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A Handful of History
If history consisted only in lists of the dates when "important people" did earth-shattering things such as kicking the bucket from a surfeit of lampreys, then I would agree with Henry Ford that history is bunk.
However, history at large can run from the present day all the way back to the big bang - assuming there ever was a big bang.
Working from a simple principle, geologists figured out the geological processes which have made the face of our planet what it is today. That simple principle states that the processes which we observe today must have operated the same way in the past and will certainly operate the same way in the future.
That is the essence of uniformitarianism, a principle of geology first formulated in a scientific manner by James Hutton.
Uniformitarianism admits a rule of uniformity of process operation throughout geological history. By extension, it can be formulated as a law of universal and cosmic application: the laws of physics are the same for all observers under the same conditions across time and space.
Some of the historical evidence accumulated by geologists came from archives. Processes operating today were seen to have operated in a similar way in the past according to eye-witness accounts. But the planet itself is the most wonderful illustrated history book that one could wish for. The language which is found in its ages-old pages is universal.
And so it was that history gave value to geology and geology gave value to physics.
Without history, science is bunk.
I have no time for bunk, so I like to check up on what is presented as historical fact by checking up on the available evidence.
Scientific evidence can be found in the strangest places. The strangest of all places, perhaps, is the archive of tax laws and payments where one can find evidence of geological and climatic processes in historic times. Bad times make bad markets.
I leave it as an exercise for the reader to determine whether my delving into tax archives is to be taken as evidence of the past, or as evidence of my need to get a life.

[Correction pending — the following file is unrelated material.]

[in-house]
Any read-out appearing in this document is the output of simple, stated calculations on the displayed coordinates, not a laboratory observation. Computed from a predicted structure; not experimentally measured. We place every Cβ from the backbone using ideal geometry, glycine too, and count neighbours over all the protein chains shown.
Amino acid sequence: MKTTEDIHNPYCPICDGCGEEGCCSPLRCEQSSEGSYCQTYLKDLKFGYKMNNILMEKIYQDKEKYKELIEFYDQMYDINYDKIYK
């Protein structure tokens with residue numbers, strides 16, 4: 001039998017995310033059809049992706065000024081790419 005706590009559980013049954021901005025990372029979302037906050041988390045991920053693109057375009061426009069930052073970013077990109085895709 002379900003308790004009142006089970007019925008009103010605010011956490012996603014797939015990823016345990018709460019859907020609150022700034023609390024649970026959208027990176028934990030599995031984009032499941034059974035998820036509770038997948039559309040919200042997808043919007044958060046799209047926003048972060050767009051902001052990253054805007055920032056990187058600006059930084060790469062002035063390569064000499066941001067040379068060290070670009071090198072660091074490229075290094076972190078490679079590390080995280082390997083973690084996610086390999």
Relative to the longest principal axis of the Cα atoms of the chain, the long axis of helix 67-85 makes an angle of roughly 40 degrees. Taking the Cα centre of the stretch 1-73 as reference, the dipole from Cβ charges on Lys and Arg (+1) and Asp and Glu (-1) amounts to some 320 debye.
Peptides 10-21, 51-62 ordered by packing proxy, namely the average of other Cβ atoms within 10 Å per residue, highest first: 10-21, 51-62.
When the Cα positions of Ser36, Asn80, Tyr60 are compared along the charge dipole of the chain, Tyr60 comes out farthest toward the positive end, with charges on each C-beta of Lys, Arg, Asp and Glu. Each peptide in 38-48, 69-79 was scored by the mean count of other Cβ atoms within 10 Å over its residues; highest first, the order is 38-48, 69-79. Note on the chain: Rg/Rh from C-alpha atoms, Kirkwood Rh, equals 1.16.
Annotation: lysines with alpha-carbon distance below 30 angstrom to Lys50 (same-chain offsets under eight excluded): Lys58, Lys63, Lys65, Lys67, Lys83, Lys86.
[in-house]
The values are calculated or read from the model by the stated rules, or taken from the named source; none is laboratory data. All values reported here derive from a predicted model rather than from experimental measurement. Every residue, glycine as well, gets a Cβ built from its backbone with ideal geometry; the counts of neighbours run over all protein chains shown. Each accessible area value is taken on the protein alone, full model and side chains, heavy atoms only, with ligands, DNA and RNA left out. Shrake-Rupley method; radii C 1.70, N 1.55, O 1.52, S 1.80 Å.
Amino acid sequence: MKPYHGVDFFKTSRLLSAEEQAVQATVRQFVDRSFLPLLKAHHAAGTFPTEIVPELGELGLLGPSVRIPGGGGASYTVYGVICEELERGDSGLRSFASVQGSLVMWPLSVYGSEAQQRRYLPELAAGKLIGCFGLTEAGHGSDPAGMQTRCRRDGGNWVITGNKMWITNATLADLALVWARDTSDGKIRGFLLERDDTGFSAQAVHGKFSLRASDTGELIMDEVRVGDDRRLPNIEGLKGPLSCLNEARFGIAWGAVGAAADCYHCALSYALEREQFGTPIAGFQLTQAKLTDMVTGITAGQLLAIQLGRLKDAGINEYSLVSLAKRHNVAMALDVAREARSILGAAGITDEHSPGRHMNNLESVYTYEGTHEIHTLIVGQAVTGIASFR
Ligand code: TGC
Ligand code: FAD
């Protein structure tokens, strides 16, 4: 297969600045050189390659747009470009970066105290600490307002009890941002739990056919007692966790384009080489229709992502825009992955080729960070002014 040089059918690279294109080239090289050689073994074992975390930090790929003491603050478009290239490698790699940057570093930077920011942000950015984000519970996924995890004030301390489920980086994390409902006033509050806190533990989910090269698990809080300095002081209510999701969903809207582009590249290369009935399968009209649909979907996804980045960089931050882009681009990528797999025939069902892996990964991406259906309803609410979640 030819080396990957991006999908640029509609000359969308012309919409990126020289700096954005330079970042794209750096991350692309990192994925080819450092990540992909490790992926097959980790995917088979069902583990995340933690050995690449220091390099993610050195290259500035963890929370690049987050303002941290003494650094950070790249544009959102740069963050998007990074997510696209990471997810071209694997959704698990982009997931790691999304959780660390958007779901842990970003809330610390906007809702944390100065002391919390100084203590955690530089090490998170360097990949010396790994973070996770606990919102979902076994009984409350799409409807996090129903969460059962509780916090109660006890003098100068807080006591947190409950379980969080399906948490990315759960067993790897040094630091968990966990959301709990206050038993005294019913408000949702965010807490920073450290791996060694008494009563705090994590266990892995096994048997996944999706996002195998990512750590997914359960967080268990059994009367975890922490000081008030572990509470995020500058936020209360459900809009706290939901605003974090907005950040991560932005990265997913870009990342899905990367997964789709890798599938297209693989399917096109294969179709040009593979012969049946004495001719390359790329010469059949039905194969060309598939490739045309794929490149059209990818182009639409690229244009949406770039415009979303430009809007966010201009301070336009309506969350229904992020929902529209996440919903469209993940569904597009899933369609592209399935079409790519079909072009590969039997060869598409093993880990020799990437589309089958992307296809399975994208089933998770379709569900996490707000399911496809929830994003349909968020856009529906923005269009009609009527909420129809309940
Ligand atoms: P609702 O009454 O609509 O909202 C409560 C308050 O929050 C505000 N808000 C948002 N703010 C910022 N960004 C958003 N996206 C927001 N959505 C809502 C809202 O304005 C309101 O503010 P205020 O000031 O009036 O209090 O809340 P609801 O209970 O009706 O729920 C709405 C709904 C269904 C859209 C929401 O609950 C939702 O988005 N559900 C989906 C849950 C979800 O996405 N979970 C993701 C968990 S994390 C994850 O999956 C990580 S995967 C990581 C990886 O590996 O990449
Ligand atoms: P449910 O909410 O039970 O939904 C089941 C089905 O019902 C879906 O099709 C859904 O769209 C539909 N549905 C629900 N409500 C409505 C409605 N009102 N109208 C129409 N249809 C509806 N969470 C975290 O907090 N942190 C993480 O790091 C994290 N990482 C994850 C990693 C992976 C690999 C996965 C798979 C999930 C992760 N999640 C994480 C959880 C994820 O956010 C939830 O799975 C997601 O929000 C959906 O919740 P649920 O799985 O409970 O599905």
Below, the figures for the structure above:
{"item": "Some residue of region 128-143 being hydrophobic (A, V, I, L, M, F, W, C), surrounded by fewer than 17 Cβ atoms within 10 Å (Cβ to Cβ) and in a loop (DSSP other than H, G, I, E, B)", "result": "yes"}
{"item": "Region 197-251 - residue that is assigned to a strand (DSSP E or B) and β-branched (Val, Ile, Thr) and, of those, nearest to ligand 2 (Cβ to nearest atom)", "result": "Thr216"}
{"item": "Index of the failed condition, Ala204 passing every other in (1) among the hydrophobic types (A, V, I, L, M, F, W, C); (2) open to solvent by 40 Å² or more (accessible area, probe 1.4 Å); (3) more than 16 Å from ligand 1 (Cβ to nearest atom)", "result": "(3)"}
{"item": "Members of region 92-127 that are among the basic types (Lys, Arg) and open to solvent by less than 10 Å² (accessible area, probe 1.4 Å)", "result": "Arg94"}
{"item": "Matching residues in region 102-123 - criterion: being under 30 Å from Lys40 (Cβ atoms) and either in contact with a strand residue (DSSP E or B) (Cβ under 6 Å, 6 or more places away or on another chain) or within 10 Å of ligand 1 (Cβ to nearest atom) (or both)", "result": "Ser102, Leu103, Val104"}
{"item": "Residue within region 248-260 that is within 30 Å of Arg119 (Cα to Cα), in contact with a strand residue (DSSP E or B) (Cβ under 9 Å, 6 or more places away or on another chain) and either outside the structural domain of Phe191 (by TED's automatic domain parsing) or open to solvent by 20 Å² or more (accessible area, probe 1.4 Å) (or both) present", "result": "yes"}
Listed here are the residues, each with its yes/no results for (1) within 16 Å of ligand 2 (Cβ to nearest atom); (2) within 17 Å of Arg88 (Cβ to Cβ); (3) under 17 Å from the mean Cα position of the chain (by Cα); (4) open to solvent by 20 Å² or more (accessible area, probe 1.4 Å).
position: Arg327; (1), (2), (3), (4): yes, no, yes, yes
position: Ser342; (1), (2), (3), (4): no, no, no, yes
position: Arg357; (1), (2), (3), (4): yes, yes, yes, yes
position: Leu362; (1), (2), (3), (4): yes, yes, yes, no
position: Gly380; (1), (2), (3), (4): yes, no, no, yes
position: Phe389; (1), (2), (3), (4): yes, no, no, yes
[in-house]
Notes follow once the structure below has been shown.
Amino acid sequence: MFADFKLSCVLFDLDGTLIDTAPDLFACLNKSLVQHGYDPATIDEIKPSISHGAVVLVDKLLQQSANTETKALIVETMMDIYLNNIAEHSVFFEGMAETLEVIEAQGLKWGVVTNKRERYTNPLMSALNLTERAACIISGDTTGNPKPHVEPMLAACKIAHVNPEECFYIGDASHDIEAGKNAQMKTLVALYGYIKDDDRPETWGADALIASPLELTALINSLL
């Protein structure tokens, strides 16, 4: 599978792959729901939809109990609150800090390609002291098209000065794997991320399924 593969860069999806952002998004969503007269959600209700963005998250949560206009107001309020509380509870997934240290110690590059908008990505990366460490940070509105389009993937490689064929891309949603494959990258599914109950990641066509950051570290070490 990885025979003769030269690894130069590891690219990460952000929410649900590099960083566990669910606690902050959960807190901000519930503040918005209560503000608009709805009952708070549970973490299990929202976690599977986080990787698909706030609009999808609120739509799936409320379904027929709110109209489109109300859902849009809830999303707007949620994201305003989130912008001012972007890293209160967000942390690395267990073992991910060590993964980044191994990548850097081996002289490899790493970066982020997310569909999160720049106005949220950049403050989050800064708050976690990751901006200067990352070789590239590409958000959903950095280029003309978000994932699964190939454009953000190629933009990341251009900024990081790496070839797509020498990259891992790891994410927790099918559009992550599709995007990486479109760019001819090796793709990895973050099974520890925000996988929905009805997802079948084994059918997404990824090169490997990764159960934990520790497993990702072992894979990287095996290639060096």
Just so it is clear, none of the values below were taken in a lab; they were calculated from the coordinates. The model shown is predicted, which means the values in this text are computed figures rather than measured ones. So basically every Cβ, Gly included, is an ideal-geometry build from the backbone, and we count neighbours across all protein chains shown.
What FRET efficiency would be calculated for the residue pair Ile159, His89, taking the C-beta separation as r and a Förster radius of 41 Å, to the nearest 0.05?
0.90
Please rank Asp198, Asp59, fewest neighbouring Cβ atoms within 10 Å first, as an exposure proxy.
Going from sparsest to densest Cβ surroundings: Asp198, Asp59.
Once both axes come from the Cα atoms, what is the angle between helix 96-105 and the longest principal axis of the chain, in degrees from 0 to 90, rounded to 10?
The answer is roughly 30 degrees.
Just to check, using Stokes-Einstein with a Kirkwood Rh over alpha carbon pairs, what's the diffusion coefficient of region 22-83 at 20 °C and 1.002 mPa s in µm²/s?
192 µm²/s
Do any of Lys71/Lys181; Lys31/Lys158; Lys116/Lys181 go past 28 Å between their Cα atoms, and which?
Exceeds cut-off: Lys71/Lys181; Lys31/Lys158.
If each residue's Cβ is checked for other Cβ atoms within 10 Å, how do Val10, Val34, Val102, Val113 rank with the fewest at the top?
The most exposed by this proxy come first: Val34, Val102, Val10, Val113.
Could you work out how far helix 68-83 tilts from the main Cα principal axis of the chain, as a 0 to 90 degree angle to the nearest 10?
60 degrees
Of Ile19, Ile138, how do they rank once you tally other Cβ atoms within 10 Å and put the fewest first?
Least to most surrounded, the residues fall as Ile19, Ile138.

Historic weights and measures
My recent articles on Ignaz Venetz show that he adopted the metric system some time after 1821. His 1821 paper uses Swiss leagues and feet, while his posthumous paper uses those units together with meters. The French word lieue (league) is often translated as mile, but that is imprecise. A league is not necessarily the same measure in all lands.
I often wonder how scientists managed to communicate measurements with precision in an even more remote past. If you think it's bad enough converting between British, U.S. and metric units, try going back to the times when not just every region, but every trade had its own preferred units of measure.
Here is a small sample of oddball archaic units compiled from old tax and toll-related documents and various web sources.
- 70,000 cochineal insects
- of cocoa 1 cwt
- of bullion, 15 to 30 lb
- of anchovies 30 lb
- beef 25 stone
- butter 224 lb
- candles 120 lb
- coffee 3 to 11 cwt
- flour 196 lb
- gunpowder 1 cwt
- herrings 32 gall
- Malaga figs 96 to 360 lb
- pork 28 stone
- potashes 120 lb
- resin 2 cwt
- soap 256 lb
- tar 261 imp. gals
- tapioca 1.1/4 cwt
- turpentine 2 to 2.1/2 cwt
- Valencia raisins 1 cwt
chaldron ( a kind of coal wagon)
- of coal 25.1/2 cwt
- Newcastle chaldron of coal 52 1/2 cwt or 3 wains (a kind of farm wagon)
- of new hay 6 stone (84 lb)
- of old hay 8 stone (1 cwt)
faggot - of steel 120 lb
firkin - of soap 64 lb
frael or frail (various other spellings: a basket made from rushes)
- of Faro figs 32 lb
- of Malaga figs 56 lb
jordan (a box)
- of almonds 25 lb
- of bricks 100 pieces
- of fish 132
- of hops 1.1/2 to 2 cwt
- of glass 120 lb
- of almonds 1.1/4cwt
- of cochineal 140 lb
- of lead 2,400 lb
- of fish 4 pieces
And there are many hundreds of local and trade-special units which would take a whole book to list. It would, of course, be the most 'remaindered' book in the history of publishing. Boring wouldn't even begin to describe it!
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